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Int J Behav Nutr Phys Act. 2008 Oct 20;5:49. doi: 10.1186/1479-5868-5-49.

The children's eating behaviour questionnaire: factorial validity and association with Body Mass Index in Dutch children aged 6-7.

Author information

  • 1Department of Health Education and Promotion, Maastricht University, PO Box 616, 6200 MD, Maastricht, the Netherlands. S.Kremers@gvo.unimaas.nl.

Abstract

BACKGROUND:

The Children's Eating Behaviour Questionnaire (CEBQ) is a parent-report measure designed to assess variation in eating style among children. In the present study we translated the CEBQ and examined its factor structure in a sample of parents of 6- and 7-year-old children in the Netherlands. Additionally, associations between the mean scale scores of the instrument and children's body mass index (BMI) were assessed.

METHODS:

In total, 135 parents of primary school children aged 6 and 7 completed the questionnaire (response rate 41.9%). Children's BMI was converted into standardised z-scores, adjusted for child gender and age to examine the association between mean scale scores and child weight status.

RESULTS:

Results generally confirmed the theoretical factor structure, with acceptable internal reliability and between-subscale correlations. Linear regression analyses revealed that BMI z-scores were positively associated with the 'food approach' subscales of the CEBQ (food responsiveness, enjoyment of food, emotional overeating) (beta's 0.15 to 0.22) and negatively with 'food avoidant' subscales (satiety responsiveness, slowness in eating, emotional undereating, and food fussiness) (beta's -0.09 to -0.25). Significant relations with child BMI z-scores were found for food responsiveness (p = 0.02), enjoyment of food (p = 0.03), satiety responsiveness (p = 0.01) and slowness in eating (p = 0.01).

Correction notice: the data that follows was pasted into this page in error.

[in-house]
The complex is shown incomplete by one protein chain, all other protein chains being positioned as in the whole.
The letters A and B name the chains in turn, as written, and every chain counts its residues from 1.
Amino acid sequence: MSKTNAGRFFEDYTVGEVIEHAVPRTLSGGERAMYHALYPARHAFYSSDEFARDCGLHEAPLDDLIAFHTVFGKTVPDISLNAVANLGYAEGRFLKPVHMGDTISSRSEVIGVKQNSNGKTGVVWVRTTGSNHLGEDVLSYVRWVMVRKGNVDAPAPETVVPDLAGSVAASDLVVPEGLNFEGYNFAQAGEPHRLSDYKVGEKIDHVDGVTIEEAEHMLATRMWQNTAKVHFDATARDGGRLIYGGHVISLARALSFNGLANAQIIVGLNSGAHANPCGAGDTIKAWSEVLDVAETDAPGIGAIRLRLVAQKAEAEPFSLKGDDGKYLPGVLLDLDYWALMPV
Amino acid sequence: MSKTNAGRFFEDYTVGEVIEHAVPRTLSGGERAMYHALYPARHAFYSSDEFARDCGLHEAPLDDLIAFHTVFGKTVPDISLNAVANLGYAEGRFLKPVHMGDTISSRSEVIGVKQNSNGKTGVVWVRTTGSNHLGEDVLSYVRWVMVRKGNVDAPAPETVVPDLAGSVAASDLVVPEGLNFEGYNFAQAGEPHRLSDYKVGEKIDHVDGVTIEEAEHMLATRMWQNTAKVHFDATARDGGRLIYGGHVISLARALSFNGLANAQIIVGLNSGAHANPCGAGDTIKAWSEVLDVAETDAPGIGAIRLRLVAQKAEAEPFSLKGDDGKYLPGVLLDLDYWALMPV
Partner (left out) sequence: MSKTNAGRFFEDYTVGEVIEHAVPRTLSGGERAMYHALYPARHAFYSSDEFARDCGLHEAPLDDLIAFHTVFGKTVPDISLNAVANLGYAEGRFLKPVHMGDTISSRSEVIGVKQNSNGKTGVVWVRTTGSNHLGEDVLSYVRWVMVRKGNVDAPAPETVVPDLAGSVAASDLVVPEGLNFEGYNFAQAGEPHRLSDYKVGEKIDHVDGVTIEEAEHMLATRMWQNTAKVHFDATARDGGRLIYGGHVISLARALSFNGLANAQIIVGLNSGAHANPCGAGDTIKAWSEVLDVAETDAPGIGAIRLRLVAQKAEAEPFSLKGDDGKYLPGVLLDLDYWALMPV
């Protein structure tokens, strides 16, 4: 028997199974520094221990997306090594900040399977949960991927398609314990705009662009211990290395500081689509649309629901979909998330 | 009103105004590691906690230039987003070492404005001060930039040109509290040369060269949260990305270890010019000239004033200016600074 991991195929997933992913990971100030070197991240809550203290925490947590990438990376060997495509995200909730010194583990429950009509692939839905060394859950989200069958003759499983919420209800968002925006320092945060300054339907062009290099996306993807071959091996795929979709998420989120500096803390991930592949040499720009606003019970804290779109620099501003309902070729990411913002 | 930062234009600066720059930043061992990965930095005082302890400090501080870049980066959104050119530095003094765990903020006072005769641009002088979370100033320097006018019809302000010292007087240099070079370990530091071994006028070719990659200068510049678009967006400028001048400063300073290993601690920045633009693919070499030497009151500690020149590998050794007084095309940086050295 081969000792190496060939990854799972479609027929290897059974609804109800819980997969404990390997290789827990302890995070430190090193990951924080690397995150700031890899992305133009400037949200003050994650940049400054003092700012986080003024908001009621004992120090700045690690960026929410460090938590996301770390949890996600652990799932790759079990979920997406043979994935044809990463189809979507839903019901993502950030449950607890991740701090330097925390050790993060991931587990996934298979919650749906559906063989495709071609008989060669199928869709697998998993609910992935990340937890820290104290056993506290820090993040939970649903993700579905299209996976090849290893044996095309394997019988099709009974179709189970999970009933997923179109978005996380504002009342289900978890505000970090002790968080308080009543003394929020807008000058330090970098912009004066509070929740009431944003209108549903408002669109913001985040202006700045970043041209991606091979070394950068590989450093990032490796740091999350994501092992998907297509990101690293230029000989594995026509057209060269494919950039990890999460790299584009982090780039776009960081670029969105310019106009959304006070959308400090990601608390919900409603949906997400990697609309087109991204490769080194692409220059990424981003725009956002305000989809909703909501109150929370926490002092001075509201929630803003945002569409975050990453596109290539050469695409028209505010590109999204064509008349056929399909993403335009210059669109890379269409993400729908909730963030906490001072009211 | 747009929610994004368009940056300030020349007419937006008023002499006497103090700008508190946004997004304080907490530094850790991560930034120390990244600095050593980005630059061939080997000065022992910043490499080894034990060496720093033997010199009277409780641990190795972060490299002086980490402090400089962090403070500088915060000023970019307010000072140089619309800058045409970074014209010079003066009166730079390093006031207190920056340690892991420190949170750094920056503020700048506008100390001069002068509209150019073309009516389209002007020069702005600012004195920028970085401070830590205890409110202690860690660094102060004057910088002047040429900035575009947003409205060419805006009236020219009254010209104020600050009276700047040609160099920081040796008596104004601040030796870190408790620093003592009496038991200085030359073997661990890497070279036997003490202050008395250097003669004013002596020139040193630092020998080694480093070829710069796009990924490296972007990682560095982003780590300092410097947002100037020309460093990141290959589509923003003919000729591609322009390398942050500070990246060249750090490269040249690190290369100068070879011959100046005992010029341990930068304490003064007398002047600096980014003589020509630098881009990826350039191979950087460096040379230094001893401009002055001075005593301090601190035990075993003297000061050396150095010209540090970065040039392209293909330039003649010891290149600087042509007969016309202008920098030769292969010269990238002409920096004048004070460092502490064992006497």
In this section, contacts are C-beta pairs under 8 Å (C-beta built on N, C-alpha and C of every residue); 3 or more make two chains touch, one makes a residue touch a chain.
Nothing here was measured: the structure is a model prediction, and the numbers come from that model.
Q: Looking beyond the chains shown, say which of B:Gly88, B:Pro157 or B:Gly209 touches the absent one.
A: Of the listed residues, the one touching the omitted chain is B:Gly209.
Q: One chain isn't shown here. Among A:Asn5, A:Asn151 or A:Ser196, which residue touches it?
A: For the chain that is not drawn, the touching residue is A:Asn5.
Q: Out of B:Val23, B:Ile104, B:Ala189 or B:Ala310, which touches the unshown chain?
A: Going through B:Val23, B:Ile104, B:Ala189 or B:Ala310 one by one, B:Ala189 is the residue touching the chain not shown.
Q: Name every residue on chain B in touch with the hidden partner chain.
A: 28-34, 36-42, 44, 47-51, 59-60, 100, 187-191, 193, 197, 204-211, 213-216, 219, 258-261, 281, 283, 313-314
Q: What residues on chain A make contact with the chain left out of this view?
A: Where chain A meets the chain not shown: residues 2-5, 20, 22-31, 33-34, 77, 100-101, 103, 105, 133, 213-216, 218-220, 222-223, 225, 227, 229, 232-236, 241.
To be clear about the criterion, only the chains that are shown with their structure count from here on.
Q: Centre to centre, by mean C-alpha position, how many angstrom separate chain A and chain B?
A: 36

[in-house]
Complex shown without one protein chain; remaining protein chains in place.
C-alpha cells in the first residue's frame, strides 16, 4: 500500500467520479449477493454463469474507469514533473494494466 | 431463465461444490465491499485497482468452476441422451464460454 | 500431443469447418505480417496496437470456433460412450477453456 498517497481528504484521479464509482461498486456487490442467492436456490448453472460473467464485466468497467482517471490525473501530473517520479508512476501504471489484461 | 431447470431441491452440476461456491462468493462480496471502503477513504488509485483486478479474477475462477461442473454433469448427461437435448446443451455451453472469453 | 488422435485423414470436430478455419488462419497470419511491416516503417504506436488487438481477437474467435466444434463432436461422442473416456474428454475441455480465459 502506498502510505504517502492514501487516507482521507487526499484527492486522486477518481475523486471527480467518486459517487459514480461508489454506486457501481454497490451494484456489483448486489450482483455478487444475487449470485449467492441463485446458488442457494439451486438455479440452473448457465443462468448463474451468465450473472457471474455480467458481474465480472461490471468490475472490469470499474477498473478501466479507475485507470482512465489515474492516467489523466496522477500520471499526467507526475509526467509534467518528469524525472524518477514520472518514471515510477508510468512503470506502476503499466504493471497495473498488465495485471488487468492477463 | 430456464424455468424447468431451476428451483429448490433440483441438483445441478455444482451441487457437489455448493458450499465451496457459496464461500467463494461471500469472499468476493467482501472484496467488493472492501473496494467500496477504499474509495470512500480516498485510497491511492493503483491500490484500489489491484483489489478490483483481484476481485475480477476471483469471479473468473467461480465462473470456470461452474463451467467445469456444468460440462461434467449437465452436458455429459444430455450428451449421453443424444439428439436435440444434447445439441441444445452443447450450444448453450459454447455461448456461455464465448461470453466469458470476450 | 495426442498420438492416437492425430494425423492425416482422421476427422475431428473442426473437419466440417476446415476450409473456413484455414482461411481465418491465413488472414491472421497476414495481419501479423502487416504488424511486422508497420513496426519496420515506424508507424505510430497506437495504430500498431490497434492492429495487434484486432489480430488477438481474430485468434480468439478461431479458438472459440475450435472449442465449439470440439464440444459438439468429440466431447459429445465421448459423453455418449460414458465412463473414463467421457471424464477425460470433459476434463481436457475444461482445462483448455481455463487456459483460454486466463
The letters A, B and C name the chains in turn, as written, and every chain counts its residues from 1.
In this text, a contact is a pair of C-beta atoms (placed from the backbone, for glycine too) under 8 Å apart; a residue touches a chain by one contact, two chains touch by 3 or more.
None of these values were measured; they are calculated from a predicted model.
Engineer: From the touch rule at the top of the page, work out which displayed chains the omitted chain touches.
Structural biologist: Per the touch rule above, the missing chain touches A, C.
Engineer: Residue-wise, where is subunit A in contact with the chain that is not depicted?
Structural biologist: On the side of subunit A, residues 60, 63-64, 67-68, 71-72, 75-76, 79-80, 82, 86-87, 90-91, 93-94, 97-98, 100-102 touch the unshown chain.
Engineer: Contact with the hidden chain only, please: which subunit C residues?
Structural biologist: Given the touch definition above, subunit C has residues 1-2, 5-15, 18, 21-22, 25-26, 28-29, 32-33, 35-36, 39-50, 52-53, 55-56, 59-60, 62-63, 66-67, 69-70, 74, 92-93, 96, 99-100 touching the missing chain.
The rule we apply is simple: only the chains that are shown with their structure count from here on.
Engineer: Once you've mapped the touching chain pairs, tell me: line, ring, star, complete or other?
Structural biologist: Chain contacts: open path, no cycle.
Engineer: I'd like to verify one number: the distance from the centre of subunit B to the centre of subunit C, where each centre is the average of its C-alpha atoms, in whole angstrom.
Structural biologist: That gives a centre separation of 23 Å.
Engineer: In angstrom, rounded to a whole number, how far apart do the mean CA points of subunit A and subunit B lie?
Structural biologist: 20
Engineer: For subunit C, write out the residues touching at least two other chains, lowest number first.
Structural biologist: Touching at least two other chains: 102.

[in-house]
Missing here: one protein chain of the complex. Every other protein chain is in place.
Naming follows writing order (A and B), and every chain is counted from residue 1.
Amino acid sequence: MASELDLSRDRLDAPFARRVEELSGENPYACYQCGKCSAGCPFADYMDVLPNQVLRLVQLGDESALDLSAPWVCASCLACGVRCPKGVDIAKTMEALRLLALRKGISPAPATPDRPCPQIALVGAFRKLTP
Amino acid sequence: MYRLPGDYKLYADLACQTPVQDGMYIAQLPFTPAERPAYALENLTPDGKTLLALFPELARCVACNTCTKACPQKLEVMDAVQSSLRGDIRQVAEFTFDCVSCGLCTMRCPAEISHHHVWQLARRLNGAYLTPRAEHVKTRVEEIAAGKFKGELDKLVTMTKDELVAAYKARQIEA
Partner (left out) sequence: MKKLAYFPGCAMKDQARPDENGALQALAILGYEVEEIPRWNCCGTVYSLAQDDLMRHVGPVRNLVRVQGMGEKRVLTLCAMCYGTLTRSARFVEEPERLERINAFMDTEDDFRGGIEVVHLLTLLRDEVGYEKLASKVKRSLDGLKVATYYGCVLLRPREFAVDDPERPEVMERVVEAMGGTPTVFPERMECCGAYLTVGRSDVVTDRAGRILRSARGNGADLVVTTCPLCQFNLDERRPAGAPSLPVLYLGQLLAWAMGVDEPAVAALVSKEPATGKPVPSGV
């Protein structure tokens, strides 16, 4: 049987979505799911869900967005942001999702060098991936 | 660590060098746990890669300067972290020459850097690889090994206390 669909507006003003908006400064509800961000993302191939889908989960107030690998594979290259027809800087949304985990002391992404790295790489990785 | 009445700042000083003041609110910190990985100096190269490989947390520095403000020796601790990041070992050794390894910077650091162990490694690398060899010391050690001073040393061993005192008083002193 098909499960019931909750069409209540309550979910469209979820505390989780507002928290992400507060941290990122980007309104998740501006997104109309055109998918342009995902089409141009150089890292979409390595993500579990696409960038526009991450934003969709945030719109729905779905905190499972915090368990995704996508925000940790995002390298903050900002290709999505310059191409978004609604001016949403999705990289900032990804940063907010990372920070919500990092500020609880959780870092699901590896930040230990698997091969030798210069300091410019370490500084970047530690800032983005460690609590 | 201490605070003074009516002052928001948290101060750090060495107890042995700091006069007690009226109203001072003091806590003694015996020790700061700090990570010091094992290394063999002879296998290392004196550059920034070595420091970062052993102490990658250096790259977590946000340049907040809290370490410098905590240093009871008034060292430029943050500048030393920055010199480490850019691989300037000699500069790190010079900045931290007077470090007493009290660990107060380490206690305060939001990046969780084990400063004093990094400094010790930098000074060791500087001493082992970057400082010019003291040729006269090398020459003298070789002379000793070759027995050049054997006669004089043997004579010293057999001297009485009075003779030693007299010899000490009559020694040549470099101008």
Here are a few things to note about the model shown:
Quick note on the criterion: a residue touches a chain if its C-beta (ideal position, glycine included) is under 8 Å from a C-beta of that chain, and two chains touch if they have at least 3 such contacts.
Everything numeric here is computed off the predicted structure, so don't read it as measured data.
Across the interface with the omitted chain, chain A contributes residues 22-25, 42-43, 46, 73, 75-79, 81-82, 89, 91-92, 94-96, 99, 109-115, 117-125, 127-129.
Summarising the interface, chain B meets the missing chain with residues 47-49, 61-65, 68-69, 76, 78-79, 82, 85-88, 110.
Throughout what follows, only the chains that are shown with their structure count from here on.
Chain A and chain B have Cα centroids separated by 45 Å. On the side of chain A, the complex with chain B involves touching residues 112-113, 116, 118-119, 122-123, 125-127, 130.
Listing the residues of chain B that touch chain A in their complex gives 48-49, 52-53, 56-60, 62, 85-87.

CONCLUSION:

The results support the use of the CEBQ as a psychometrically sound tool for assessing children's eating behaviours in Dutch children and the study demonstrates its applicability in overweight-related studies.

PMID:
18937832
[PubMed]
PMCID:
PMC2612017
Free PMC Article
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